This sounds the death knell for democracy, but at least the professionals, whatever their numerous shortcomings and inefficiencies, at least they have to keep the show on the road if only to retain a firm grip on their salaries and pensions.

It is far from being a satisfactory trend and things are likely to go very sour indeed, but perhaps it is better than relying on all those ghastly, know-nothing freaks propping up the House of Commons bar. They have no intention of doing anything useful under any circumstances and maybe voters have wised up to that...

Or maybe they haven’t wised up to anything Baldrick. They simply plod off to the polling station, scrawl their cross based on the party they hate most and that’s the real attraction of UKIP. Three birds with one stone. 

Sunday, 4 January 2015

The Coming Ice Age


One of a series of three videos from the seventies worrying about a new ice age. The usual suspects are all there - visual drama, doom-laden commentary, tame experts and a celebrity - in this case Leonard Nimoy of Star Trek fame.  The other two videos are here and here. h/t Gore Lied.

The third video features the late Stephen Schneider who later switched to predicting global warming and according to the same Gore Lied post had this to say to Discover magazine in October 1989.

On the one hand, as scientists we are ethically bound to the scientific method, in effect promising to tell the truth, the whole truth, and nothing but — which means that we must include all the doubts, the caveats, the ifs, ands, and buts. On the other hand, we are not just scientists but human beings as well. And like most people we’d like to see the world a better place, which in this context translates into our working to reduce the risk of potentially disastrous climatic change. To do that we need to get some broadbased support, to capture the public’s imagination. That, of course, entails getting loads of media coverage. So we have to offer up scary scenarios, make simplified, dramatic statements, and make little mention of any doubts we might have. This ‘double ethical bind’ we frequently find ourselves in cannot be solved by any formula. Each of us has to decide what the right balance is between being effective and being honest. I hope that means being both.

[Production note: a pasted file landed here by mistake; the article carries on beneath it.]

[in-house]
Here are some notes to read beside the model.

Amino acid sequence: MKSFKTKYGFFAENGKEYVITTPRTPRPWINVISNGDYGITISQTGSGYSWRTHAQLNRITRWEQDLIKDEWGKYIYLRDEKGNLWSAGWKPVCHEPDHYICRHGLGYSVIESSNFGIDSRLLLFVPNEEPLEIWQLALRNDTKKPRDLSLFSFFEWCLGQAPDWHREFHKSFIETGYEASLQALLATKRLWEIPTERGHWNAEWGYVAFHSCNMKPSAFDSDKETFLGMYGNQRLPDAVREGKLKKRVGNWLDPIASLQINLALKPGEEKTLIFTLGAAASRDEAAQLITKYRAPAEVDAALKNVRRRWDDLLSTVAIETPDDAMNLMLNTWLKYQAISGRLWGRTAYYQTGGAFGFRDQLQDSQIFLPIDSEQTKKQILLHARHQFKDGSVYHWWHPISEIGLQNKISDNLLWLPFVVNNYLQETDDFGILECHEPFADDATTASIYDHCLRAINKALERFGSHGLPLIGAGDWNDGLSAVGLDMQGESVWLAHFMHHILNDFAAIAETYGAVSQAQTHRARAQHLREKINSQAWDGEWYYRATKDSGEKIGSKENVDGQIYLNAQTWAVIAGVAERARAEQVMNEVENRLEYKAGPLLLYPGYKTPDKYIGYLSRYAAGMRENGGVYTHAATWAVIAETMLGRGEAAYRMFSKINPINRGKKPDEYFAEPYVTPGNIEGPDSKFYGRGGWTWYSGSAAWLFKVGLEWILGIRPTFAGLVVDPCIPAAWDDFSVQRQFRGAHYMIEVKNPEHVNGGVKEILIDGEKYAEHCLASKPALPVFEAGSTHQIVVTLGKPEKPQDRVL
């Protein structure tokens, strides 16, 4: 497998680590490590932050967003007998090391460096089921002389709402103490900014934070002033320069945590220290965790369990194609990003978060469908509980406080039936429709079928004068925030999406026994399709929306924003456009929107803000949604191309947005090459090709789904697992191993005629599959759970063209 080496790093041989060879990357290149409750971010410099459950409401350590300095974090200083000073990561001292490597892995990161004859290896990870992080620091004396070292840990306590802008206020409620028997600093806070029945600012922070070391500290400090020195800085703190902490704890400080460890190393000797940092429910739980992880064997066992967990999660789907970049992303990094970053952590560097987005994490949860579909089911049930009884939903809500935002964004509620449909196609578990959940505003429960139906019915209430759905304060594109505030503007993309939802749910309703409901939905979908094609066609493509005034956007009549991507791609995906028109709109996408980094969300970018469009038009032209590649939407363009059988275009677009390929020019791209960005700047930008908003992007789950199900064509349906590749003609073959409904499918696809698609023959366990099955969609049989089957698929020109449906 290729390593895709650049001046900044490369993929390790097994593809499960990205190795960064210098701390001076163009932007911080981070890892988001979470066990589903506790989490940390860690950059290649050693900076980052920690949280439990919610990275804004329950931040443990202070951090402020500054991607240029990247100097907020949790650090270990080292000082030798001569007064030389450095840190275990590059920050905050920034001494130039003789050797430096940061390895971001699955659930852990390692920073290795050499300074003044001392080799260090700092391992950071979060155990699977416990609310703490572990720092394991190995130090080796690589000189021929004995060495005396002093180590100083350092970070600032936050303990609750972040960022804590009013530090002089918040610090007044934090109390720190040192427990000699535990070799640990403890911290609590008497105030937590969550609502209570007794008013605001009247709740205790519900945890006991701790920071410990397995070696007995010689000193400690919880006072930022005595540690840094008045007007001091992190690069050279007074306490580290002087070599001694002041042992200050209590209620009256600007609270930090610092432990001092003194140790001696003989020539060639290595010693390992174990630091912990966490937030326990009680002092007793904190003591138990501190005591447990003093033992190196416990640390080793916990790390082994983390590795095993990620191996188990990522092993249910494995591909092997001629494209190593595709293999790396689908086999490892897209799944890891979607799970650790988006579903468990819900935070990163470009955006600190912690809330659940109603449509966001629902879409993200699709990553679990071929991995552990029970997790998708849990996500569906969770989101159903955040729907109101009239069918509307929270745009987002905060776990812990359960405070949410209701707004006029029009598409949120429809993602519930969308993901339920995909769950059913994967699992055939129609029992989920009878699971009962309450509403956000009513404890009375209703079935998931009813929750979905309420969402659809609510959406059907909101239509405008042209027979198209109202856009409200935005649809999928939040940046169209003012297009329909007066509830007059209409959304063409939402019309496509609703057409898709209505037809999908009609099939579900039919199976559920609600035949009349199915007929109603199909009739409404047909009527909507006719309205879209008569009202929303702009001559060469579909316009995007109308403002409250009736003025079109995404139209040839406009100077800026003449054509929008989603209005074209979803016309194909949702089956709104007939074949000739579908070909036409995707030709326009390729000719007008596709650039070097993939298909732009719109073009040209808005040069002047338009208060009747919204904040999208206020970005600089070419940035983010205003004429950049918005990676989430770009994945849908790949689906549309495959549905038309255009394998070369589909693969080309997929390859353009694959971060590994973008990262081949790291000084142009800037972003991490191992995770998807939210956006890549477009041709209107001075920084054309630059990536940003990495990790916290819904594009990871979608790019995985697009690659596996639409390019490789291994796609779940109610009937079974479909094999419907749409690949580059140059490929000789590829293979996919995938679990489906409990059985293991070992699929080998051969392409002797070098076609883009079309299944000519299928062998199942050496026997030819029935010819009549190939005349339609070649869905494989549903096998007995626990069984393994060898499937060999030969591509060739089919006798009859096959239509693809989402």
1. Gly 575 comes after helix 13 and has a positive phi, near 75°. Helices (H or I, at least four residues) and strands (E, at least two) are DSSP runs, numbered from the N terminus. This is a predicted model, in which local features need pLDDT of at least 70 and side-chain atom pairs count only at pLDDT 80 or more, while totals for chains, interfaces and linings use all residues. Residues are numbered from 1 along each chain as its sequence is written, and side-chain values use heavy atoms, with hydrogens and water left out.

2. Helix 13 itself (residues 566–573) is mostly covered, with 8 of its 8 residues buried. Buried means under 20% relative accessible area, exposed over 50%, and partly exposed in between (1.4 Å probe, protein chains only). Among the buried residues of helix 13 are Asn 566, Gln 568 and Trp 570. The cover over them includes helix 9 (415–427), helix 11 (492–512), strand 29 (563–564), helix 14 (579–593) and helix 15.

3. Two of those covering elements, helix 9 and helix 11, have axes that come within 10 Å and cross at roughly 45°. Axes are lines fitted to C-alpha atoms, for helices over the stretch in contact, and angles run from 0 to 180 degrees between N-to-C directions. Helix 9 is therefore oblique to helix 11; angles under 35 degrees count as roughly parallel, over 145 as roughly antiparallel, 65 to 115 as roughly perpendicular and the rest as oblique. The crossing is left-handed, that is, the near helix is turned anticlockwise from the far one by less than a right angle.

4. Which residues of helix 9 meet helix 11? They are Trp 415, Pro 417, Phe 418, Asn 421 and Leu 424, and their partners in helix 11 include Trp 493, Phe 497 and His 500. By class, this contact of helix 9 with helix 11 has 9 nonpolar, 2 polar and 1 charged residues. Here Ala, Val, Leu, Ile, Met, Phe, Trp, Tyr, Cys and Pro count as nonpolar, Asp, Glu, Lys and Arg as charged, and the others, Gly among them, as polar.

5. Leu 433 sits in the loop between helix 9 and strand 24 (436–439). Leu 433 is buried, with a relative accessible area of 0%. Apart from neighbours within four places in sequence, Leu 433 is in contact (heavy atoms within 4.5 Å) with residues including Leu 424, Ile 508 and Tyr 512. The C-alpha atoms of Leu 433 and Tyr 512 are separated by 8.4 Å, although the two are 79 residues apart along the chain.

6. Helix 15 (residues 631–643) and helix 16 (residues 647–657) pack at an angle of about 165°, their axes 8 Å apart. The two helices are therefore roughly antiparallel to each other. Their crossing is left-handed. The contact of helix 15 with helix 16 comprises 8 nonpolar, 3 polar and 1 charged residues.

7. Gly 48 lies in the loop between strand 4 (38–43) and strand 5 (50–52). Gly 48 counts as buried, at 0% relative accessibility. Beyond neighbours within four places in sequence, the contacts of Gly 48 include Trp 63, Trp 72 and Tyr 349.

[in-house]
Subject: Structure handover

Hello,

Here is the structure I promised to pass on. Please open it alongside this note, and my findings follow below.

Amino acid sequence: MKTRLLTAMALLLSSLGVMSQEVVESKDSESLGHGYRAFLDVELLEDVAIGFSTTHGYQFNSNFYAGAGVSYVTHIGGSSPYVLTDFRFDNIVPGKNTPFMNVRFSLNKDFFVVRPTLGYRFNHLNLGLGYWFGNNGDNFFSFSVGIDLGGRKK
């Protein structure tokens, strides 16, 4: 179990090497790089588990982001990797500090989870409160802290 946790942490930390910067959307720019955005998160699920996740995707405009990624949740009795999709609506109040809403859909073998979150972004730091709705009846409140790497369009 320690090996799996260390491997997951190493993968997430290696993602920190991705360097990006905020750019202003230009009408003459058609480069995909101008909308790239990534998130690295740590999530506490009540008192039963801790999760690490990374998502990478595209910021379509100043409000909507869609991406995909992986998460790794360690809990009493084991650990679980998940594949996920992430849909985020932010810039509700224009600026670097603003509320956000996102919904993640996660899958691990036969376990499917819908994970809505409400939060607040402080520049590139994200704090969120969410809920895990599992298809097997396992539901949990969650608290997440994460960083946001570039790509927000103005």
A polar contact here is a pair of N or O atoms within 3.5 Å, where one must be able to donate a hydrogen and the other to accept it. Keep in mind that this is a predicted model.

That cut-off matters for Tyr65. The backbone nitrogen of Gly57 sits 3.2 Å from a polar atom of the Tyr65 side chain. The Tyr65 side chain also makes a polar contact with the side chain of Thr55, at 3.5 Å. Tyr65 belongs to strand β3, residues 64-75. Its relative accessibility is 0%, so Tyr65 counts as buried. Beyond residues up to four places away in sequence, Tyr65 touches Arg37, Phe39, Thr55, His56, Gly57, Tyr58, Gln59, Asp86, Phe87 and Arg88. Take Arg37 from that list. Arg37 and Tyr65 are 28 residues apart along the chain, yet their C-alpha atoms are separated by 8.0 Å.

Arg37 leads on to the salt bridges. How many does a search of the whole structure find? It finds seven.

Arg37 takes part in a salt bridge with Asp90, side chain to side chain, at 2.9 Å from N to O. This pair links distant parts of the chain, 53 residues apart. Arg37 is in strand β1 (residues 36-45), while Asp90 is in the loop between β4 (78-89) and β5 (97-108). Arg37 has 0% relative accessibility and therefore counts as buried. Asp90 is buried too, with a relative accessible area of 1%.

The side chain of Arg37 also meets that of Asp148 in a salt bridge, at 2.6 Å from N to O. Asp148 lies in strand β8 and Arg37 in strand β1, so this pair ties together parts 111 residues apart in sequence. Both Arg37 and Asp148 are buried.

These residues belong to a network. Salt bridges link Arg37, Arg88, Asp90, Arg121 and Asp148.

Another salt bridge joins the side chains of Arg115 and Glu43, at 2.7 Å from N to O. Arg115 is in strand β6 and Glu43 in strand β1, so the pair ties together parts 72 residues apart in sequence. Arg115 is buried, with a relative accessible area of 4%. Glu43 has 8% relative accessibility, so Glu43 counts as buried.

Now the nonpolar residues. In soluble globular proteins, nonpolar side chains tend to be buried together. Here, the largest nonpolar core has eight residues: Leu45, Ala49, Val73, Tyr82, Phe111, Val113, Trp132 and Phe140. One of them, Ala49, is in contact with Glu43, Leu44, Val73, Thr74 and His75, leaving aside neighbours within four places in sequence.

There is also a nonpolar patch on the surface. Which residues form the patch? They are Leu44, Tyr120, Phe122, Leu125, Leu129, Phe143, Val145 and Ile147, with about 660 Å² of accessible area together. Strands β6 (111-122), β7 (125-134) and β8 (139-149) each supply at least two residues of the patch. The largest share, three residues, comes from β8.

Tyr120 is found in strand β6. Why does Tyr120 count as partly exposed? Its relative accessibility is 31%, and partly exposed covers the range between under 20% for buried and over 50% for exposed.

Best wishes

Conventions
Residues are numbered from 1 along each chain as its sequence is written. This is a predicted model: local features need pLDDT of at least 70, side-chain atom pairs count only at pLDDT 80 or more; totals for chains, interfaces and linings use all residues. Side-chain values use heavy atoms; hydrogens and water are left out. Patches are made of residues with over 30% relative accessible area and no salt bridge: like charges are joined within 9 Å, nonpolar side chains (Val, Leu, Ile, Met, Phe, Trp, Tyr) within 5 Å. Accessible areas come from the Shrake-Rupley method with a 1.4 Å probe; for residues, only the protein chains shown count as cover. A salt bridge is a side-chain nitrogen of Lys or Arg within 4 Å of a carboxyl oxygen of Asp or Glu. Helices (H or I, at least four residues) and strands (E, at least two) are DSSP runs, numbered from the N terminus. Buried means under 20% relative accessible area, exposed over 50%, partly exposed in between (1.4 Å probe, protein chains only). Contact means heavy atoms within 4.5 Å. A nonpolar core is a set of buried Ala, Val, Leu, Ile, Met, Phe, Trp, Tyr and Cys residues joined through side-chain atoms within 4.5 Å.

To my mind these are the words of an ethically naive man rather than an out and out liar, but even as I write those words I wonder if I'm being naive too.

Saturday, 3 January 2015

The City of Prosperous Obscurity

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An Old Politician and a Young Politician were travelling through a beautiful country, by the dusty highway which leads to the City of Prosperous Obscurity. Lured by the flowers and the shade and charmed by the songs of birds which invited to woodland paths and green fields, his imagination fired by glimpses of golden domes and glittering palaces in the distance on either hand, the Young Politician said:

“Let us, I beseech thee, turn aside from this comfortless road leading, thou knowest whither, but not I. Let us turn our backs upon duty and abandon ourselves to the delights and advantages which beckon from every grove and call to us from every shining hill. Let us, if so thou wilt, follow this beautiful path, which, as thou seest, hath a guide-board saying, ‘Turn in here all ye who seek the Palace of Political Distinction.’”

“It is a beautiful path, my son,” said the Old Politician, without either slackening his pace or turning his head, “and it leadeth among pleasant scenes. But the search for the Palace of Political Distinction is beset with one mighty peril.”

“What is that?” said the Young Politician.

“The peril of finding it,” the Old Politician replied, pushing on.

Ambrose Bierce - Fantastic Fables (1899)

Ah - the City of Prosperous Obscurity. A fable for modern times, as so many fables are. I wonder if Clegg or Cameron know where it is? I suspect they do.

Friday, 2 January 2015

The still, cold hands of Power

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For, after all, this deity of his, like the deity of every other man, was but his temperament exaggerated beyond life-size and put in perfect order — it was but the concretion of his constant feeling that nothing could be trusted to behave, freed from the still, cold hands of Power.